Trump Hosts British Prime Minister Theresa May At The White House In a news conference with British Prime Minister Theresa May, President Trump said he hoped to have a good relationship with Russia. He said the same of Mexico, despite the recent flap over the wall.

Trump Hosts British Prime Minister Theresa May At The White House

Trump Hosts British Prime Minister Theresa May At The White House

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In a news conference with British Prime Minister Theresa May, President Trump said he hoped to have a good relationship with Russia. He said the same of Mexico, despite the recent flap over the wall.

ROBERT SIEGEL, HOST:

Today, we got an early glimpse of President Donald Trump's America-first approach to foreign policy. Trump spoke by telephone with Mexico's president. It was a makeup session after the two leaders engaged in an angry back and forth yesterday. And he held his first face-to-face meeting with a foreign leader at the White House, a largely friendly get together with the prime minister of the United Kingdom. NPR's Scott Horsley has more.

SCOTT HORSLEY, BYLINE: President Trump posed for photographs today alongside two prime ministers - the current U.K. leader, Theresa May, and a bust of Winston Churchill that Trump put back in the Oval Office when he moved in a week ago.

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PRESIDENT DONALD TRUMP: This is the original, folks. This is the original in many ways.

HORSLEY: Trump, whose mother is from Scotland, was eager to talk about what's often described as the special relationship between the U.S. and the U.K., especially now that Great Britain is divorcing itself from the rest of the European Union.

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TRUMP: I think Brexit's going to be a wonderful thing for your country. I think when it irons out, you're going to have your own identity, and you're going to have the people that you want in your country. And you're going to be able to make free trade deals without having somebody watching you and what you're doing.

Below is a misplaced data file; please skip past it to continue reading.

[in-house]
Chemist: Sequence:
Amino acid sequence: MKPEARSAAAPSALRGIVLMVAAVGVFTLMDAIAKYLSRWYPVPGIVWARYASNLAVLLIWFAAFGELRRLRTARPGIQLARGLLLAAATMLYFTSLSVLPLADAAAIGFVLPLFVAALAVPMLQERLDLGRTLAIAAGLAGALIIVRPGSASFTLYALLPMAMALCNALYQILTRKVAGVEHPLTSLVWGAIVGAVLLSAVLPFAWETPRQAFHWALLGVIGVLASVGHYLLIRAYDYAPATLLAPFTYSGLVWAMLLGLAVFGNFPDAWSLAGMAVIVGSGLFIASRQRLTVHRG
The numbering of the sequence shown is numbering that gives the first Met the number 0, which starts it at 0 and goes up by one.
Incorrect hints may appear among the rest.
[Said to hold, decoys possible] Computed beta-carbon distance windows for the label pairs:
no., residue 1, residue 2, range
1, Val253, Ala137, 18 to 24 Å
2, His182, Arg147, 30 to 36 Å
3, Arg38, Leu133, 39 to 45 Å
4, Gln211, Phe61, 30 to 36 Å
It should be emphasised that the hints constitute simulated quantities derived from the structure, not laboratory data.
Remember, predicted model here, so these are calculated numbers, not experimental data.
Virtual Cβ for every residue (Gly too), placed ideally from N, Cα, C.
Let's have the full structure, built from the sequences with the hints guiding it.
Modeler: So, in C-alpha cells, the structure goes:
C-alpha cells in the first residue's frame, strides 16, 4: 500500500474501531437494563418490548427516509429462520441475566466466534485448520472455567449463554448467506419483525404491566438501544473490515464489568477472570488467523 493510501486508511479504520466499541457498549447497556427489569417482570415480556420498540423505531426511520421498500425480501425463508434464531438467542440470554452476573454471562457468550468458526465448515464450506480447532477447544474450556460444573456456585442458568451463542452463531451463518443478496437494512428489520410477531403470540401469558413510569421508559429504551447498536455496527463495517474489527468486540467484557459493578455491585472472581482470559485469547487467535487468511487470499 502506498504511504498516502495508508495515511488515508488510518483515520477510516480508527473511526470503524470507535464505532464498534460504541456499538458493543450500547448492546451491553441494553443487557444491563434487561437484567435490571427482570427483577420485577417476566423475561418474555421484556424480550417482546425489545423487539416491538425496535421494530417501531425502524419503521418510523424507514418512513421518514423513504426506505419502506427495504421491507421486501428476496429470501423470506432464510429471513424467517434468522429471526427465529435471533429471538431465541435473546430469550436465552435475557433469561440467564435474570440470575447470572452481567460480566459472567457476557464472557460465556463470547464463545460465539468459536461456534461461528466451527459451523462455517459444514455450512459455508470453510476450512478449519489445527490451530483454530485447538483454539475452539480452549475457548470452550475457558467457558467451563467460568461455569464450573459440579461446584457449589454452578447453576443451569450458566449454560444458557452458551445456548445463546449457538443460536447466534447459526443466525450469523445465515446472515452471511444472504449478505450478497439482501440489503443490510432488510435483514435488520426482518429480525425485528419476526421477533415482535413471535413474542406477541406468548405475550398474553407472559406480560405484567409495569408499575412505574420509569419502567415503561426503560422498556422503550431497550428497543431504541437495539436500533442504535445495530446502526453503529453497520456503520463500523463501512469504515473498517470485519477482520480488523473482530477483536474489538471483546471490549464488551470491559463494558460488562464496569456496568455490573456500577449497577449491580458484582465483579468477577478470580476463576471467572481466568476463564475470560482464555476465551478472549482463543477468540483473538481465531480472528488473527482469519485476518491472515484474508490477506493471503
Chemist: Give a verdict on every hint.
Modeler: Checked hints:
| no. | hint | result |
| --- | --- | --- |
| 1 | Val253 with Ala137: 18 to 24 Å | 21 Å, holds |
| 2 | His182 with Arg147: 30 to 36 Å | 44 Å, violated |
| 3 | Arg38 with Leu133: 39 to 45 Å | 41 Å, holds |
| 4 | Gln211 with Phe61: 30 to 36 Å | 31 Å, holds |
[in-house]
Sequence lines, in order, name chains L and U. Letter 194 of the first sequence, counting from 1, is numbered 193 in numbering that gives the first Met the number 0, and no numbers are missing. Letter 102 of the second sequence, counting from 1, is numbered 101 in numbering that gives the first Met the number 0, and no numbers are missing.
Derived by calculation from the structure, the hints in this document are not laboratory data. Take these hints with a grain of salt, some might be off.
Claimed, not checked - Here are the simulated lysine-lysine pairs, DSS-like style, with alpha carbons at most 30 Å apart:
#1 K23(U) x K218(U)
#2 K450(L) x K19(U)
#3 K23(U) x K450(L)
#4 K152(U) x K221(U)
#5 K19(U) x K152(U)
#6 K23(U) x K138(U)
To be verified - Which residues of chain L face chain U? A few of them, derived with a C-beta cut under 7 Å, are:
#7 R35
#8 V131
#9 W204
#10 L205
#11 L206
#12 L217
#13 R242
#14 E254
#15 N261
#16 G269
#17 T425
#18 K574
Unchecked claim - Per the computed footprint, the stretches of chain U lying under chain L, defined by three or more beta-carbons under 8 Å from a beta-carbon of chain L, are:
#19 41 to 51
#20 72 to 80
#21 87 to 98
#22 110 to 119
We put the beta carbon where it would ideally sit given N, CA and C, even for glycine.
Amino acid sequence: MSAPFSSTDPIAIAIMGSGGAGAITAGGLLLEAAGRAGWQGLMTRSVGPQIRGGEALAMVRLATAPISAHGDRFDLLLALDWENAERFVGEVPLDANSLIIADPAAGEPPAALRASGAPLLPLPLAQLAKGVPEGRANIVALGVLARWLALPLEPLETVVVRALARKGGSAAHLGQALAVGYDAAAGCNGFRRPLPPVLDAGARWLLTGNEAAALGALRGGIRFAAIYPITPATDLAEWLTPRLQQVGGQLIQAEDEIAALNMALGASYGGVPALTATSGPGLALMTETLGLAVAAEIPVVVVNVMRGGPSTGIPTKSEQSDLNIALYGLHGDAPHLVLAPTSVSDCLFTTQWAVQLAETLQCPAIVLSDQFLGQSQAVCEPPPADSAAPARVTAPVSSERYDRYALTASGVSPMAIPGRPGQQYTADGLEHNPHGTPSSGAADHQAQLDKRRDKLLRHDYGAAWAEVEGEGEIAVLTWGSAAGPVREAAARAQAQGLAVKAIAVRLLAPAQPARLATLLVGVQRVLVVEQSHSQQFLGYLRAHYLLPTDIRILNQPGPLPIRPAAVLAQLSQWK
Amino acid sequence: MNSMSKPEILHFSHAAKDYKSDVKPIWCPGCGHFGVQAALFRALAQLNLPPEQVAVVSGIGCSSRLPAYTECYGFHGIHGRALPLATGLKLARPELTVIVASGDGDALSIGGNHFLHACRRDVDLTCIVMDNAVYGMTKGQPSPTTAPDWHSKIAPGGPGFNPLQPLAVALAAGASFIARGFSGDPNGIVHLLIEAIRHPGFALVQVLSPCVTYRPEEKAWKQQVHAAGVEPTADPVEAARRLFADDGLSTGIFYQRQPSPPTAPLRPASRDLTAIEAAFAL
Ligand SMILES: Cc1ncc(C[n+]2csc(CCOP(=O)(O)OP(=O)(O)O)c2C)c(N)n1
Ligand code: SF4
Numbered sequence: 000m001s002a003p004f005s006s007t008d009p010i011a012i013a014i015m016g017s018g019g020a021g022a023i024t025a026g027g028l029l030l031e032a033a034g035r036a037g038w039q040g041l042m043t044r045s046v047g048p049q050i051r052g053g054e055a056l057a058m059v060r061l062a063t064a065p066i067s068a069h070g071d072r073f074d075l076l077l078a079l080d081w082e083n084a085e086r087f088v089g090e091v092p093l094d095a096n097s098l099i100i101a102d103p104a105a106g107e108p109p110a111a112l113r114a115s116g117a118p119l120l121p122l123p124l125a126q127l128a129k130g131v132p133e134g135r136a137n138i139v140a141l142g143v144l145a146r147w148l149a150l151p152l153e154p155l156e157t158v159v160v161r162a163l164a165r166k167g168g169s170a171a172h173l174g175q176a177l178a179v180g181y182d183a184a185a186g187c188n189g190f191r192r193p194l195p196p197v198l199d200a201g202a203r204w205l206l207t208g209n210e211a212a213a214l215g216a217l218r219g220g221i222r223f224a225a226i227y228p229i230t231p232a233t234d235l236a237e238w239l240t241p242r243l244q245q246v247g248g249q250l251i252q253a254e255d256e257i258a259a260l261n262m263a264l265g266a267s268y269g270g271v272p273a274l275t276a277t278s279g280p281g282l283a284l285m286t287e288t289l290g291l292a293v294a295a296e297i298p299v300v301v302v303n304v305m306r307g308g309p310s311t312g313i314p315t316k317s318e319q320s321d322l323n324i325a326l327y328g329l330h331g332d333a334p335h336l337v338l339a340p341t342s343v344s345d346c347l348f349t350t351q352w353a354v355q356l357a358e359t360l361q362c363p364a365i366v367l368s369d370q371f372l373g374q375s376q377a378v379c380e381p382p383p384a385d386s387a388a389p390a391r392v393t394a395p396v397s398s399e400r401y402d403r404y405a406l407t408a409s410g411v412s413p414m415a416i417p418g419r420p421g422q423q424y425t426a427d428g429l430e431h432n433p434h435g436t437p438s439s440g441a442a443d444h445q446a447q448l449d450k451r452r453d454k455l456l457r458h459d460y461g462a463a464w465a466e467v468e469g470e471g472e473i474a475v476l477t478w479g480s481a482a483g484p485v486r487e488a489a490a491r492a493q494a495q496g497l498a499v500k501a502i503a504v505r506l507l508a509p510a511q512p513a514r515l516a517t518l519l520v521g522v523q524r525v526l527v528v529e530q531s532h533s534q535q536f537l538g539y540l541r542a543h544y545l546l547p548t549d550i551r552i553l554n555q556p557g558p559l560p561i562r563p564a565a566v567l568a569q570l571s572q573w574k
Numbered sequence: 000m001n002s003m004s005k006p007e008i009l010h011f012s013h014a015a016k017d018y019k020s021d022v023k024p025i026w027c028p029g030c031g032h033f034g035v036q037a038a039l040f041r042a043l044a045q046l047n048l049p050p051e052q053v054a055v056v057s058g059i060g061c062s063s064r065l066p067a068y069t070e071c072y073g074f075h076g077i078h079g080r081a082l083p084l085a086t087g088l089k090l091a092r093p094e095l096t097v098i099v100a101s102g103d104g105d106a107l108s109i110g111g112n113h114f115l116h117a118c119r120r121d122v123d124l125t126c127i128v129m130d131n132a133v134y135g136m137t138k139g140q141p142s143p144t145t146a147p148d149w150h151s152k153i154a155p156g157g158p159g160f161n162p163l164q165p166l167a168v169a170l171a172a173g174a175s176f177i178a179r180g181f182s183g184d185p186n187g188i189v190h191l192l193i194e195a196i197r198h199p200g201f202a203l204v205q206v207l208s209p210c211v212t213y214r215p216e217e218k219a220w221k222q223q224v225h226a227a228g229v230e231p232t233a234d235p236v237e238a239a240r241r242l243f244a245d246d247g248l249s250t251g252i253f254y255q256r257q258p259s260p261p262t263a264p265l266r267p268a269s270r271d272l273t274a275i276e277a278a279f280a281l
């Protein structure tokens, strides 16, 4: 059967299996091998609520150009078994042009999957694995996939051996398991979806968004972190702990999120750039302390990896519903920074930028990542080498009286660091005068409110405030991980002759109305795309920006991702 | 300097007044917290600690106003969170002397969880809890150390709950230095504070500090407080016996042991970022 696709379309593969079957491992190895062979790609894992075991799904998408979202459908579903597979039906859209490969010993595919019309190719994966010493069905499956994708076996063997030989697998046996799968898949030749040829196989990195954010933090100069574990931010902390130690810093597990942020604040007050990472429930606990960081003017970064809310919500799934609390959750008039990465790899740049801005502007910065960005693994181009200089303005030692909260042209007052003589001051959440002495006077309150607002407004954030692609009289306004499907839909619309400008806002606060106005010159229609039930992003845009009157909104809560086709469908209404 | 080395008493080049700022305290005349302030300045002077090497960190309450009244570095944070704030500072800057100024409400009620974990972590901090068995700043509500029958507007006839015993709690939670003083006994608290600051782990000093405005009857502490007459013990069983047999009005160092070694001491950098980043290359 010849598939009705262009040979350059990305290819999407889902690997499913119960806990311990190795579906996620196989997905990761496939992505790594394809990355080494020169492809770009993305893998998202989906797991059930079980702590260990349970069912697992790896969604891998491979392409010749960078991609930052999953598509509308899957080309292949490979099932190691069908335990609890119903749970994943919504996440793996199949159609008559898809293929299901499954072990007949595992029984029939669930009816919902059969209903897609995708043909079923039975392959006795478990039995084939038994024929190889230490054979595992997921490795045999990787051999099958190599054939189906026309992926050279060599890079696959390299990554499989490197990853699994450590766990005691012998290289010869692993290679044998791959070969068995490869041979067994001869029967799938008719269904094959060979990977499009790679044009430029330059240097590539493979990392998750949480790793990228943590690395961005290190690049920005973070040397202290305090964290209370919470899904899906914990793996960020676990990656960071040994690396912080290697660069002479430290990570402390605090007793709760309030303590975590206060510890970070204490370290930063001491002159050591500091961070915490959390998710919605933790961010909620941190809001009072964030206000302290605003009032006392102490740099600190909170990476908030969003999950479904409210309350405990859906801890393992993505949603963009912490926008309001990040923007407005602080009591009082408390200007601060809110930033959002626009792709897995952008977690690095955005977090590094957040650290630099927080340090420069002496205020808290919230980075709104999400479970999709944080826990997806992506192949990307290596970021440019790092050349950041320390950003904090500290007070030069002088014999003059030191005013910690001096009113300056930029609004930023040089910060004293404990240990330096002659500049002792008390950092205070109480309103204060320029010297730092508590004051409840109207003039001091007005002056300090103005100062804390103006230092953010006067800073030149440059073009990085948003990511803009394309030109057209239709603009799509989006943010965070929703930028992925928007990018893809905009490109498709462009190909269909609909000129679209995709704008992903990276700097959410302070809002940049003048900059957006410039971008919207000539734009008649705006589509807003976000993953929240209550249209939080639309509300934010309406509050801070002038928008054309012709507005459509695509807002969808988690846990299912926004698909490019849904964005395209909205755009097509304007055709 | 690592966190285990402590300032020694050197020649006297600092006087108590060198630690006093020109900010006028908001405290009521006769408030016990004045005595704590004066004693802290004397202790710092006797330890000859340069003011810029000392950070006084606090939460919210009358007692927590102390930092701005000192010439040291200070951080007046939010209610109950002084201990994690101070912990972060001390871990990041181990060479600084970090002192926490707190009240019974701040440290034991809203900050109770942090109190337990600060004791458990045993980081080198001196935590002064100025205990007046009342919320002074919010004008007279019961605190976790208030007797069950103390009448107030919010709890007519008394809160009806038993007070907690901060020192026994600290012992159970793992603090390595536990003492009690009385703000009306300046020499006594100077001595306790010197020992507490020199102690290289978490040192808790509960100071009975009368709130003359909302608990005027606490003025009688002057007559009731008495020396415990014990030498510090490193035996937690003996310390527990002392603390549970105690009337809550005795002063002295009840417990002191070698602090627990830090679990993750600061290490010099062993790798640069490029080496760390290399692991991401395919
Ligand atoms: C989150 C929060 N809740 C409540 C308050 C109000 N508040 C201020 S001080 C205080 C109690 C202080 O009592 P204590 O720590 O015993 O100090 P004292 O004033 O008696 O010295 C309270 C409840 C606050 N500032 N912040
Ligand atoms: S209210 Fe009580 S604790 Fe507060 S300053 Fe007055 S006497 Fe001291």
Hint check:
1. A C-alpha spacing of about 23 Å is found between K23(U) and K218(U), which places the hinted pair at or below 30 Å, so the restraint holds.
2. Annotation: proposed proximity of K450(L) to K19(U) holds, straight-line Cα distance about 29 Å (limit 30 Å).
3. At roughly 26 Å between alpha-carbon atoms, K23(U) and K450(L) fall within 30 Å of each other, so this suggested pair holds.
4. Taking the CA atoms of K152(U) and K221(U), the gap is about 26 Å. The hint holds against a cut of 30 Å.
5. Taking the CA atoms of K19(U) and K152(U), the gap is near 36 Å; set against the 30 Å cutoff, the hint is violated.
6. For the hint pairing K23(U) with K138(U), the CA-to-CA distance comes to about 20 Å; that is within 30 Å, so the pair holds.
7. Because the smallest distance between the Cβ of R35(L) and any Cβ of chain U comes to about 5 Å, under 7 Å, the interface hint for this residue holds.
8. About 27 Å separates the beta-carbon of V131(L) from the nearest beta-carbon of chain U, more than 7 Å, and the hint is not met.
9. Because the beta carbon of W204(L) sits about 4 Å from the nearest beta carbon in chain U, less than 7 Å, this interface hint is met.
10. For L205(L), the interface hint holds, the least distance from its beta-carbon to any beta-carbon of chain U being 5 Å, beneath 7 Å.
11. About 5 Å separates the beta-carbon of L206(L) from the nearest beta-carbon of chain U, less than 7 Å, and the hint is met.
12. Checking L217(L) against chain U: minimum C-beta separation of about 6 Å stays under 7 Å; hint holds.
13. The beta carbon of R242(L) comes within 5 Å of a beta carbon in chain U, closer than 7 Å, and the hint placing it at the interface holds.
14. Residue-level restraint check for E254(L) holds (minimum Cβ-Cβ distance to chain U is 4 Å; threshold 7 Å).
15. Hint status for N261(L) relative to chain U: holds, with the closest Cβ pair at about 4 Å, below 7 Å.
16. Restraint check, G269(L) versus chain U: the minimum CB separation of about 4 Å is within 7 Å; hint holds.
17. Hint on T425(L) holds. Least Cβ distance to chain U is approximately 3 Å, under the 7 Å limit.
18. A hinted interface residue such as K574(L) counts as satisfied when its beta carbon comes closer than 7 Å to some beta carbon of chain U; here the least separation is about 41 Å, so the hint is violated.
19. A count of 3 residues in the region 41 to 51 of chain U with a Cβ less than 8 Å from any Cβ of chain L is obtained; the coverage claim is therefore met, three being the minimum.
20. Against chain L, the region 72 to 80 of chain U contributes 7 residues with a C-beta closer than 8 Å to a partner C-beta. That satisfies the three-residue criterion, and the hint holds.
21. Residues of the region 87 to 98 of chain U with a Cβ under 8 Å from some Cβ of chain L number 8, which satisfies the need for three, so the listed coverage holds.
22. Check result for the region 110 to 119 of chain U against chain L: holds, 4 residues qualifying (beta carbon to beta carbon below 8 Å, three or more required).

HORSLEY: The Brexit vote, like Trump's own victory here in the U.S., can be seen as a rejection of globalization. But while Trump championed that change, May is carrying it out reluctantly. She remains far more invested in European institutions than Trump is. Trump, for example, has questioned the relevance of NATO, though May says she did get a commitment from him.

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PRIME MINISTER THERESA MAY: Mr. President, I think you said you confirmed that you're 100 percent behind NATO.

HORSLEY: May is also more suspicious than Trump of Russia and more committed to maintaining sanctions against Russia until it lives up to its promises to stop interfering in Ukraine.

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MAY: We have been very clear that we want to see the Minsk agreement fully implemented. We believe the sanctions should continue until we see that Minsk agreement fully implemented.

HORSLEY: A big part of the British prime minister's purpose on this trip is launching trade talks with the U.S. to replace the free market the U.K. is losing in Europe.

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MAY: And I'm convinced that a trade deal between the U.S. and the U.K. is in the national interest of both countries and will cement the crucial relationship that exists between us, particularly as the U.K. leaves the European Union and reaches out to the world.

HORSLEY: The U.S. already trades more than $100 billion a year with the U.K., but that's dwarfed by America's trade ties with Mexico, a relationship that Trump rattled this week with his order to start work on the border wall and his public spat with the Mexican president over who would pay for it.

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TRUMP: The United States cannot continue to lose vast amounts of business, vast amounts of companies and millions and millions of people losing their jobs. That won't happen with me. We're no longer going to be the country that doesn't know what it's doing.

HORSLEY: Trump spoke for an hour this morning by telephone with Mexico's president, and the leaders agreed their teams would keep talking. A statement from the Mexican side says they also agreed for now to hold off making public comments about how the wall will be funded. Trump described it as a friendly call. After a first week in the White House that was often unpredictable, the president hinted there's more of that to come.

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TRUMP: I've had many times where I thought I'd get along with people, and I don't like them at all.

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TRUMP: And I've had some where I didn't think I was going to have much of a relationship, and it turned out to be a great relationship.

HORSLEY: A big question mark remains - Trump's relationship with Russian President Vladimir Putin. The two are set to talk by telephone tomorrow. Scott Horsley, NPR News, the White House.

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